Reflections on “Privacy Implications of Research Data: A NISO Symposium”

I had the opportunity to attend “Privacy Implications of Research Data: A NISO Symposium” (Sponsored by the NISO-RDA Joint Interest Group) in Denver this past weekend  as a member of the RDA/NISO Privacy Implications of Research Data Sets Working Group. I’m grateful to Todd Carpenter, NISO Executive Director, for including me in this project, which is a follow-on to the project group that I was a member of that produced the NISO Consensus Principles on Users’ Digital Privacy in Library, Publisher, and Software ­Provider Systems [PDF].

As the Case Statement for the Working Group states, the goal is to “develop a framework for how researchers and repositories should appropriately manage human-subject datasets, to develop a metadata set to describe the privacy-related aspects of research datasets, compile a bibliography of related resources, and to build awareness of the privacy implications of research-data sharing.”

The speakers were all thoughtful and each provided a focused talk on some aspect of this multi-faceted topic that continues to shift while we grapple with it. And, in fact, that was one of the themes that emerged in the talks – the lack of clear definitions of what we mean by the terms privacy, research, and data. Terms we all use regularly but seem to defy easy operational definition in the context of this project.

All of the presentations were recorded as well as the follow-on discussions and are accessible from the symposium website and so I won’t recap them here in summary. Instead, I’d like to offer a few reflections.

  • In the context of the symposium, health/biomedical, social media, and (to a degree) sociology/psychology data were the focus on the discussion with an emphasis on quantitative data. In future conversations, considering qualitative data and privacy will also be important. Interviews, focus groups, oral histories, etc. all produce data that raise privacy questions and concerns.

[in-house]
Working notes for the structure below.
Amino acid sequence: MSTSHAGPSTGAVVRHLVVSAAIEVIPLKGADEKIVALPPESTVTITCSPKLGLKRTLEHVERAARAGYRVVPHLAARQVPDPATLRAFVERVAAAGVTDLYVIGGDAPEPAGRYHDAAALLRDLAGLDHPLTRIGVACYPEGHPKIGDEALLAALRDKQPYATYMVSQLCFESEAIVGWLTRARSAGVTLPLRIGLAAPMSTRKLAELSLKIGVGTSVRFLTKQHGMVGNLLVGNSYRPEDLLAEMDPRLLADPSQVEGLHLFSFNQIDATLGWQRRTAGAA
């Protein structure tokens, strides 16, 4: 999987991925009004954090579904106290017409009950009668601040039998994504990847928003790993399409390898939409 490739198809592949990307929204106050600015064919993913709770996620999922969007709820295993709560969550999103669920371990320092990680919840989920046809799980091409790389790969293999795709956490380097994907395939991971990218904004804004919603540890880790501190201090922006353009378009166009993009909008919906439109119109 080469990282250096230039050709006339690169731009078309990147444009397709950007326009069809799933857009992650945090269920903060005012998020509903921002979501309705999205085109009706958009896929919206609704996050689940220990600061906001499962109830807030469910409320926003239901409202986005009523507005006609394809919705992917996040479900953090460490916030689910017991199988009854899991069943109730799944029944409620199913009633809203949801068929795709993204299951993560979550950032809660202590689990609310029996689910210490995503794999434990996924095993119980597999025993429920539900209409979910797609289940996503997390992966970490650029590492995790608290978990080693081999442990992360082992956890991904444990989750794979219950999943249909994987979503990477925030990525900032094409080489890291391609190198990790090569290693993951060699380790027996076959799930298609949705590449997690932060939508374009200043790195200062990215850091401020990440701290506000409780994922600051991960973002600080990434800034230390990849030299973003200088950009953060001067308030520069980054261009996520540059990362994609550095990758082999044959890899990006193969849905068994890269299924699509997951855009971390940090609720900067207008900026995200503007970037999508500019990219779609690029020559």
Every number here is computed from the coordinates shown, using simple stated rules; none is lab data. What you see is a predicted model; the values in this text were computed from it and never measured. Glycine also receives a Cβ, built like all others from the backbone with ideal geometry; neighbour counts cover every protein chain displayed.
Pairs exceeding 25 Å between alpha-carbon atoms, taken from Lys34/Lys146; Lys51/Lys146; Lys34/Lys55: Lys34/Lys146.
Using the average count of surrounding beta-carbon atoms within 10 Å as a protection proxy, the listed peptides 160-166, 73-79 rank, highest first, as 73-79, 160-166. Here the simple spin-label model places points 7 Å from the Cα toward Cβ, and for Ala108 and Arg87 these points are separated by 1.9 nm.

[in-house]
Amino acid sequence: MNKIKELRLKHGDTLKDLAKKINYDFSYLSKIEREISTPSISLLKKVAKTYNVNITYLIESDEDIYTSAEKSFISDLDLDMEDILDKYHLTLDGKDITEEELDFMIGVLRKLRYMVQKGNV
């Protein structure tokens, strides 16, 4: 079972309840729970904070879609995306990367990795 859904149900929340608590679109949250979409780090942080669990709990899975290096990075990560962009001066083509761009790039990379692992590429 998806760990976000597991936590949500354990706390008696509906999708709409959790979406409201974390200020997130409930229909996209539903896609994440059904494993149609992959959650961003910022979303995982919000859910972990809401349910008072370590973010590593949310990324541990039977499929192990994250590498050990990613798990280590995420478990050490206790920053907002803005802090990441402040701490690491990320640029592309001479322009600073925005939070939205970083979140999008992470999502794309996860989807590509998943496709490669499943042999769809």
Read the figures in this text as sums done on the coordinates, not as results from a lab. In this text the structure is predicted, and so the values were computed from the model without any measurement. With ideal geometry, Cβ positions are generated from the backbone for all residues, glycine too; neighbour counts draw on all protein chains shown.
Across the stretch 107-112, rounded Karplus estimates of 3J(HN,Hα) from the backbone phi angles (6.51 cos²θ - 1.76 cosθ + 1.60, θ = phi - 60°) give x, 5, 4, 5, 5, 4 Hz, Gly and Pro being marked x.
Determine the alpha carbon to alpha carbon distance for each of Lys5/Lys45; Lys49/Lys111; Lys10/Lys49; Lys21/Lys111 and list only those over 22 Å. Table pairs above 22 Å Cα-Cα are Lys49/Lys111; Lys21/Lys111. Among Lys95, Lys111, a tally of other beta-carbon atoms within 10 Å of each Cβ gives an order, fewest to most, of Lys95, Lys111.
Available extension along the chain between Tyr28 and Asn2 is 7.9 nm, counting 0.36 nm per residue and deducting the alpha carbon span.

• At times the conversation seemed to conflate the question of whether data was “research data” with the question of whether the person who had collected and/or who wanted to access and use the data was a “bona fide researcher.” I think we find more clarity in separating the question of whether data is research data from the question of who is allowed to access and use it. This is particularly useful if we want to affirm the tenant that an individual whose data is in the data set should have a right to access (and possibly review, correct, and/or delete) his or her own data. How to think about citizen science is also an open question here.
  • I also left thinking that, while this topic is vast, one way to develop a focus for the coming year would be to think carefully about capitalizing on NISO’s leadership/participation in this NISO-RDA project. There are many facets to privacy in research data. Is there a way to best use NISO’s areas of expertise, recognizing that the RDA community at large may have additional interests as well?

As a reminder, anyone is welcome to contribute to the group by joining the forum on the RDA/NISO Privacy Implications of Research Data Sets Interest Group website to receive notifications of meetings and other events as well as drafts of the framework as it emerges.

I previously blogged about the meeting for this project held at FORCE11 in April 2016.

Privacy in Research Data at FORCE11 #force2016

Slide01I had the pleasure of attending FORCE11 2016 Conference pre-conference in Portland today as a member of the RDA/NISO Privacy Implications of Research Data Sets Working Group. I’m grateful to Todd Carpenter, NISO Executive Director, for including me in this project, which is a follow-on to the project group that I was a member of that produced the NISO Consensus Principles on Users’ Digital Privacy in Library, Publisher, and Software ­Provider Systems [PDF].